Many different concepts and factors are measurable. Most often, Length, Area, Volume, Mass, and Time are measured on daily basis and almost everyone can measure them.
Radiations are also measurable. The National Institute of Standards and Technology says metrology is the science of measurement and its application. A metrologist then is a scientist who develops processes and systems used to measure these concepts and objects.
Do not confuse metrologist with meteorologist.
The latter studies the earth’s atmosphere (climate and weather) to be able to forecast weather conditions.
All humans and the environment are exposed to low level radiations, commonly known as background radiation, and they have adapted to these radiations.
The application of radiations and radioactive materials for human benefit is termed practice. These human activities add to the background radiation to result in elevated radiation exposure of persons.
The practices include the production of radiation sources and radioactive materials used in medicine, research, industry, agriculture, and teaching; the generation of nuclear power, the management of radioactive waste; and mining activities.
There are standards that govern these practices and are intended to reduce exposure of persons working with radiations and radioactive materials to levels as low as reasonably allowable (ALARA). For this to be achieved radiation metrology plays a key role.
To detect the presence of radiation and subsequently quantify it, there is the need for a range of detectors that can be put into two main categories: active and passive detectors.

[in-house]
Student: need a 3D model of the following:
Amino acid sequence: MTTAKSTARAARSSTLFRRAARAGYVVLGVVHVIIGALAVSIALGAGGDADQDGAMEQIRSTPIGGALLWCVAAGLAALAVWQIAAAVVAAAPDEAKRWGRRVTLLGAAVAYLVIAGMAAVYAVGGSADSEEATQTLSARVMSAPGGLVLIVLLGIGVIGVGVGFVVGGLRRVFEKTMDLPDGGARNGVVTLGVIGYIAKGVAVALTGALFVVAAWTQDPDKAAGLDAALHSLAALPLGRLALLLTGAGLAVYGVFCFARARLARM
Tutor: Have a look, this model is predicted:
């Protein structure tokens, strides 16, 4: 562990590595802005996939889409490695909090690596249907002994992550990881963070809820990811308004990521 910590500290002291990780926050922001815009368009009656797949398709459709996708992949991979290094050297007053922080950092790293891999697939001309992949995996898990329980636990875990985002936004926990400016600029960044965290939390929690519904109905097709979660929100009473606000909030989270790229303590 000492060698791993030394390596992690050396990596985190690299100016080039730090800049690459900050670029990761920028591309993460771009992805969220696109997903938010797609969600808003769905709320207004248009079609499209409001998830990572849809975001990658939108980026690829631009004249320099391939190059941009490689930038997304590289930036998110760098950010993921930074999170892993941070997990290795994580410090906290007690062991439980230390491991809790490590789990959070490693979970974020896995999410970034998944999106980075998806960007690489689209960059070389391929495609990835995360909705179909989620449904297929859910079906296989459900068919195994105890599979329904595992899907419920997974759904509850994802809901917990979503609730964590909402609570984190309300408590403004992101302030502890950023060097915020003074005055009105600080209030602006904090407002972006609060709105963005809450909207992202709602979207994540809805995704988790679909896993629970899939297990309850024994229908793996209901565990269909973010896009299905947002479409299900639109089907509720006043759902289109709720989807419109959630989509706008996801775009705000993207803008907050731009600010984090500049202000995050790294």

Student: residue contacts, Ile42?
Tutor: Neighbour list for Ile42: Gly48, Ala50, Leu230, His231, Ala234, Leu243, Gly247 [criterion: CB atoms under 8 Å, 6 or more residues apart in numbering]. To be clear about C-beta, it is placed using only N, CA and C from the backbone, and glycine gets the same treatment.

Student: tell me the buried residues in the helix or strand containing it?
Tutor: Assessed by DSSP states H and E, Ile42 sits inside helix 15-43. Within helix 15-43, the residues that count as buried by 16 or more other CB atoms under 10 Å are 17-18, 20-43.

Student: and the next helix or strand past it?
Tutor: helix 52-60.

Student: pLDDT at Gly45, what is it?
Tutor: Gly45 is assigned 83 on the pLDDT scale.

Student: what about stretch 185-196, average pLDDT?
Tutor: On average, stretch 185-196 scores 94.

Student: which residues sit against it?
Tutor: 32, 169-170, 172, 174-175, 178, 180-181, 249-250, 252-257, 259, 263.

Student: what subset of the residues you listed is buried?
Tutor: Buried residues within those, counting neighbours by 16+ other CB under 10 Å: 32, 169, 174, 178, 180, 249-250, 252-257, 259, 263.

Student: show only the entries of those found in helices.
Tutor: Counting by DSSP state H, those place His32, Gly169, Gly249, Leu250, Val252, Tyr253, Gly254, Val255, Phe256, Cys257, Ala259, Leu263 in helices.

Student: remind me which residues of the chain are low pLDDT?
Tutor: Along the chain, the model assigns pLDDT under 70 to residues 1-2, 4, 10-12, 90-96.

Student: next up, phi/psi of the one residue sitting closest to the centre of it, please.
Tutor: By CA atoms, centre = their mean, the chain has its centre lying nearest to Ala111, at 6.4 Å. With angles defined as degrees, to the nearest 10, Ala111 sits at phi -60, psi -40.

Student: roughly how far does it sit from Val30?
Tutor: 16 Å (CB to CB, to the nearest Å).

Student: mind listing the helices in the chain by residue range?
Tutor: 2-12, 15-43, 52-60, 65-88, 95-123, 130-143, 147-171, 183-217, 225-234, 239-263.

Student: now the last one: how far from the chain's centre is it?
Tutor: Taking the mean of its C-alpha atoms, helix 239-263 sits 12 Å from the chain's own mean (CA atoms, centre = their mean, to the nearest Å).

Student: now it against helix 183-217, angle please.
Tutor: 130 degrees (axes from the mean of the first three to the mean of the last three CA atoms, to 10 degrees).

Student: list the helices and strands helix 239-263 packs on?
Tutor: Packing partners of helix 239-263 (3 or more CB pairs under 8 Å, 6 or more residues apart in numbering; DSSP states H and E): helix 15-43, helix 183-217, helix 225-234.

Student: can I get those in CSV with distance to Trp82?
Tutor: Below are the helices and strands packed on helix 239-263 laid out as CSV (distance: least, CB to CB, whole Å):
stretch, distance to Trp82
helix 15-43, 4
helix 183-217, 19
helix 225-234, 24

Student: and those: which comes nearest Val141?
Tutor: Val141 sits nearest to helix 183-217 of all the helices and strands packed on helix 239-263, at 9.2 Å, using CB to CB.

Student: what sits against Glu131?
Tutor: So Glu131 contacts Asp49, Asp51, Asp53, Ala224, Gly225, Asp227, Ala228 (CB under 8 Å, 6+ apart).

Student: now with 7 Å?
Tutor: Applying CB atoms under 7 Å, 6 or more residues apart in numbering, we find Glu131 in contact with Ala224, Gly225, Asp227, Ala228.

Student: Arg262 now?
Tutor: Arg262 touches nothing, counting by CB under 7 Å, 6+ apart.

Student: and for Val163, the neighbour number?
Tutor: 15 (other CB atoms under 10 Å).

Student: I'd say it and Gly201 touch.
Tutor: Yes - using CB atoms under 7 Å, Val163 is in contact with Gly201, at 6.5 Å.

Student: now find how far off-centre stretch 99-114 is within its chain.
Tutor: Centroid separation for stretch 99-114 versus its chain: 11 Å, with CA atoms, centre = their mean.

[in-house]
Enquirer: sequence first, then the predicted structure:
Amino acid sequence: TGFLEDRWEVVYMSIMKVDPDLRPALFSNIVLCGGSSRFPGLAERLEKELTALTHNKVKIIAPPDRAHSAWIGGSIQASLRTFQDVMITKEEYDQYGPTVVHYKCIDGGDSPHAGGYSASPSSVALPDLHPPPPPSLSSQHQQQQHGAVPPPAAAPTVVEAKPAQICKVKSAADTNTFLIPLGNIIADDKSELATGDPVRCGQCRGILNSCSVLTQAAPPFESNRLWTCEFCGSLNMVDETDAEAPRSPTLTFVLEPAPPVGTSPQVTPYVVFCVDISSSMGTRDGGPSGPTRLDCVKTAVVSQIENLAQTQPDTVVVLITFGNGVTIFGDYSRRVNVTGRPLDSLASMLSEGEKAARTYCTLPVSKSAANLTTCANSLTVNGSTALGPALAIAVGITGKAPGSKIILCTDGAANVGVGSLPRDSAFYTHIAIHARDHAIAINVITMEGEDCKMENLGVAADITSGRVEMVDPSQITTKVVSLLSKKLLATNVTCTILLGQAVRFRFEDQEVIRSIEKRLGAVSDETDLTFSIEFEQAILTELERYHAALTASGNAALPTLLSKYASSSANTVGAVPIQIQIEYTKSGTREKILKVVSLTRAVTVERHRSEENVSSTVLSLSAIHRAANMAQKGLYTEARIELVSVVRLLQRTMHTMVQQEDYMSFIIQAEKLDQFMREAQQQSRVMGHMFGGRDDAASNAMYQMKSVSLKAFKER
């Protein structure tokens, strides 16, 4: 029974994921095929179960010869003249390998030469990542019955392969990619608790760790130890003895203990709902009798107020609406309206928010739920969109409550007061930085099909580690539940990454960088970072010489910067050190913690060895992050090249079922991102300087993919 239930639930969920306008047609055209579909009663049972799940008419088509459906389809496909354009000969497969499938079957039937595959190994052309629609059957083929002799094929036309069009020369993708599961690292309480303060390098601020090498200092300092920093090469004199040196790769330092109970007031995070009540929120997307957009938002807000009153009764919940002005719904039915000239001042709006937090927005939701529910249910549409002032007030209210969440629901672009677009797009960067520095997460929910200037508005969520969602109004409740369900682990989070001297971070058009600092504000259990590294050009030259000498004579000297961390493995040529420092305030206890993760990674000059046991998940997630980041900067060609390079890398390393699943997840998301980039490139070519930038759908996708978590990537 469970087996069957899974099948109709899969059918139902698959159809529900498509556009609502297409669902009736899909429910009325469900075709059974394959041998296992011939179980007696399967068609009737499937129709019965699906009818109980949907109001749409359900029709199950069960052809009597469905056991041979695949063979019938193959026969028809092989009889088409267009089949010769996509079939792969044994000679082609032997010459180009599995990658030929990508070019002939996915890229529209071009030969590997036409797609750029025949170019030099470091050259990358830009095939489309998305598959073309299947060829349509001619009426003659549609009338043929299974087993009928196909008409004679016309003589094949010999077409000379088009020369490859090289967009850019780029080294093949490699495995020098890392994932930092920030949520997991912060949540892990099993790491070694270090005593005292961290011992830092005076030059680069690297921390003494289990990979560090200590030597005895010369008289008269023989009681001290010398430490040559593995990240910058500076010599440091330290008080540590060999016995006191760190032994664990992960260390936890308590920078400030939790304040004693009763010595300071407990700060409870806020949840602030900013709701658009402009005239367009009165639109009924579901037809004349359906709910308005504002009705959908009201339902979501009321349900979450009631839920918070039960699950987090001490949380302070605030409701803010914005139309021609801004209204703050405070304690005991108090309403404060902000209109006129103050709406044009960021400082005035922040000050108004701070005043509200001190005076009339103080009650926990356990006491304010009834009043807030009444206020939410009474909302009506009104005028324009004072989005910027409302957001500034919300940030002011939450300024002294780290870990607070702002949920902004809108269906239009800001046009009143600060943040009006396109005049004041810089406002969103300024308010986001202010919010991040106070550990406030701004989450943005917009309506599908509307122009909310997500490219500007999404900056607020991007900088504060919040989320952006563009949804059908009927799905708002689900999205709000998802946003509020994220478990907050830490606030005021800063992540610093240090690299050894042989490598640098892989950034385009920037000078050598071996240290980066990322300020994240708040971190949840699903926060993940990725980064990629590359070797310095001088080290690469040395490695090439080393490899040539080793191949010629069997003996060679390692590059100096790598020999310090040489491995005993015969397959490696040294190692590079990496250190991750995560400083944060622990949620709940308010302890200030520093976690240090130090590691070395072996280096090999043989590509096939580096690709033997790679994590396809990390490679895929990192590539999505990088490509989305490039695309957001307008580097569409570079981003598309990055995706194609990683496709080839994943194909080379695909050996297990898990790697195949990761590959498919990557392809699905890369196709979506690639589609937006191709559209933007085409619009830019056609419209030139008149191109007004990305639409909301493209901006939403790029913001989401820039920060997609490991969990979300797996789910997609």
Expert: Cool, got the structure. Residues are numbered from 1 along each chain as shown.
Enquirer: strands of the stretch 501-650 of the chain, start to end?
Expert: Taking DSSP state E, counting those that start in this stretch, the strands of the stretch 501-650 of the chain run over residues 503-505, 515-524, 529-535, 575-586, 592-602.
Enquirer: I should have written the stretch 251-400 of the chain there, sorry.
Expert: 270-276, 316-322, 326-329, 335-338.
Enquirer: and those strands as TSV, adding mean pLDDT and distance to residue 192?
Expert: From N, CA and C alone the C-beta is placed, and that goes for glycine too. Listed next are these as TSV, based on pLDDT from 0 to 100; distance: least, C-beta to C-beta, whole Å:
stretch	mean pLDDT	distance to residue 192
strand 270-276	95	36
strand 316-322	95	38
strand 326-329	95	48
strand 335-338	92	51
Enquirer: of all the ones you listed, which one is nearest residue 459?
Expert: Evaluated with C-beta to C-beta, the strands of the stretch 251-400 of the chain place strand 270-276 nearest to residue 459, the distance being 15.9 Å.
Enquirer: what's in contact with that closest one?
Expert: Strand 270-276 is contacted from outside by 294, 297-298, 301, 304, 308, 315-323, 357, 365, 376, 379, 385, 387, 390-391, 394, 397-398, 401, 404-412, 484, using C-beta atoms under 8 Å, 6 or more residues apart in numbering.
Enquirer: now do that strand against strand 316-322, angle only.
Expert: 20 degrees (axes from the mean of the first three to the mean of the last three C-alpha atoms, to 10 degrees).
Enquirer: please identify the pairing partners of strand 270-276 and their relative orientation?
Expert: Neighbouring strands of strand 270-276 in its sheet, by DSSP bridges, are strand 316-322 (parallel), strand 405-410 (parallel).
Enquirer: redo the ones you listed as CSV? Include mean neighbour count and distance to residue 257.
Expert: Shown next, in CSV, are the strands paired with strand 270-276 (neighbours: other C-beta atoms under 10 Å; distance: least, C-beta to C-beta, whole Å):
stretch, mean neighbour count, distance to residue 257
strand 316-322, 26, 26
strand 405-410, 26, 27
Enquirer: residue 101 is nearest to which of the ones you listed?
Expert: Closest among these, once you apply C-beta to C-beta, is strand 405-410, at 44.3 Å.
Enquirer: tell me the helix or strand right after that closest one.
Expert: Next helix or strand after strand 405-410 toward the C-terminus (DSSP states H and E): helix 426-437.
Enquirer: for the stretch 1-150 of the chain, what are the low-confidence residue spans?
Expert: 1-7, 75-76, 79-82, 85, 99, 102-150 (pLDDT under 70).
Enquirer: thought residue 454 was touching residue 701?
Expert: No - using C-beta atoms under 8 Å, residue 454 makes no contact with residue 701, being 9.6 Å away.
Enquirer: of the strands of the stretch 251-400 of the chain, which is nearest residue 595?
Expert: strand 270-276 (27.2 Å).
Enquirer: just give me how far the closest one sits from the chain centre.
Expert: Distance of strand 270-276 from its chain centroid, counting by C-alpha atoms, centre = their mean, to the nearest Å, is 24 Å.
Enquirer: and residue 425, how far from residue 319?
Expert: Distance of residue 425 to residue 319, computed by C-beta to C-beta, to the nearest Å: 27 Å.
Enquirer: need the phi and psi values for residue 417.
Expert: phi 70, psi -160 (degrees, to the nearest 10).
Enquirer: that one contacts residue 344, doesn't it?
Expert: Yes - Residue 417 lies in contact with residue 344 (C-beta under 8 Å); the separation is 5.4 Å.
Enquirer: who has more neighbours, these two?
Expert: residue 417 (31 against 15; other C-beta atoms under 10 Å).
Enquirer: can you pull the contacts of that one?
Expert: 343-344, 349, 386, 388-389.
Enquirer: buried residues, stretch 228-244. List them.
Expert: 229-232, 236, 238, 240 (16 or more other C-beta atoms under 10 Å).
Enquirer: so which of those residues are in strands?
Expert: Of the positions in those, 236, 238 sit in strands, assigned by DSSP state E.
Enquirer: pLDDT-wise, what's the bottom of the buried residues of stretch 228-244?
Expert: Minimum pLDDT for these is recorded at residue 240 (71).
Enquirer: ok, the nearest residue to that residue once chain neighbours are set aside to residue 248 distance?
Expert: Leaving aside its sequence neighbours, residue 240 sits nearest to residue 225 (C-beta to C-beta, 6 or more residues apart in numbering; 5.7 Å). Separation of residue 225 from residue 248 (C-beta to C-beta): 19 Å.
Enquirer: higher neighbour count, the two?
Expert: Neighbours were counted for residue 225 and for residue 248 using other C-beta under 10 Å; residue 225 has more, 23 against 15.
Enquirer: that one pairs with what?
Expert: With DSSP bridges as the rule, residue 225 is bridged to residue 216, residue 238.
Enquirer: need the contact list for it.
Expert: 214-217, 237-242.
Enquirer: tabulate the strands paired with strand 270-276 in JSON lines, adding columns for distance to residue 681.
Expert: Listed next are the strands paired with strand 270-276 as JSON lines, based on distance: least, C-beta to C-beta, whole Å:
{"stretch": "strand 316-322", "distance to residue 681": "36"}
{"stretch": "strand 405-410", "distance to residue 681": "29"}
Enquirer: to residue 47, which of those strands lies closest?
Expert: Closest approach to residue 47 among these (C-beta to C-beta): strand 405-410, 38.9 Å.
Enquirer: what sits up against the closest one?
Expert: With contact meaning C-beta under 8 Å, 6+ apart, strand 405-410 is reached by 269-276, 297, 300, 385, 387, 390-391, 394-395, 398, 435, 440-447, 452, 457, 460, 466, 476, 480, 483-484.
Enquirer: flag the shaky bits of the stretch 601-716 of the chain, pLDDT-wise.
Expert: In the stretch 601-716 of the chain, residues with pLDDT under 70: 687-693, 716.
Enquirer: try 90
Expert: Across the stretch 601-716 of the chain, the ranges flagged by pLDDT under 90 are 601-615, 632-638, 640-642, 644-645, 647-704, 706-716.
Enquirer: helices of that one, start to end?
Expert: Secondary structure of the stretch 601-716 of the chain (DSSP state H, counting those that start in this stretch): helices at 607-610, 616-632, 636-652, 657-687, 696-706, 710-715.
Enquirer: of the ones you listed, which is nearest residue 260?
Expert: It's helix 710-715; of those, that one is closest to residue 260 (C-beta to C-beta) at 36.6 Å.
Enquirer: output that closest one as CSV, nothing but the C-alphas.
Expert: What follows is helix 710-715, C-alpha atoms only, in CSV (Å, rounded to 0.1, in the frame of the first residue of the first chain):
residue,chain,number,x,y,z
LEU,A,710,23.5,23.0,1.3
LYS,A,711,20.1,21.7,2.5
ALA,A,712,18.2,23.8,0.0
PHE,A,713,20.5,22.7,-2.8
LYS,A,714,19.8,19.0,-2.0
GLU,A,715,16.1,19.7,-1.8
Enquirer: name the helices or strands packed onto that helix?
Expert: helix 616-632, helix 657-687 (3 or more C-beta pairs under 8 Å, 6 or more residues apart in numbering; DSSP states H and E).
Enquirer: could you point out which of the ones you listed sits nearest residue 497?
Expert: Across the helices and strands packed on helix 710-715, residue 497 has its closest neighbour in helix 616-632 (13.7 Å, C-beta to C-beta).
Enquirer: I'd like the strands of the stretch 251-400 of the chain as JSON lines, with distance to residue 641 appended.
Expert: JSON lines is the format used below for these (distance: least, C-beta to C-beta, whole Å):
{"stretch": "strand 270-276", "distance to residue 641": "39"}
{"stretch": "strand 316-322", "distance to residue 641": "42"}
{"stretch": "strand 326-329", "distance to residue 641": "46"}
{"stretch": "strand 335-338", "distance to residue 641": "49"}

They are also known as dosimeters.
While active dosimeters produce a radiation-induced signal that displays a direct reading of the detected radiation (dose) or detected radiation per unit time (dose rate) in real-time, passive dosimeters store the radiation-induced signal in the device, which must be processed later, and the output analysed.
This makes active dosimeters like survey meters, contamination monitors, and electronic personal dosimeters a preferred choice, even though passive and the active dosimeters are often used together to complement each other.
Active dosimeters can give either a continuous readout of current dose rate, or cumulative dose or both. Active dosimeters can also warn the person wearing it when a specified dose rate or a cumulative dose is exceeded through audio-visual alarms.
Passive dosimeters like film, optically stimulated luminescence (OSL), and Thermoluminescence Dosimeter (TLD) badges are usually worn for a month, or longer, by a person on-duty before the accumulated dose is processed and known.
In Ghana that legal period is three months. These devices are often used in places where some personnel are exposed to low levels of radiation on a periodic basis like radiology and radiotherapy units in hospitals, mines, and oil and gas industries.
The active and passive dosimeters collectively are known as radiation protection dosimeters as they help in protecting humans and the environment against the harmful effects of radiation.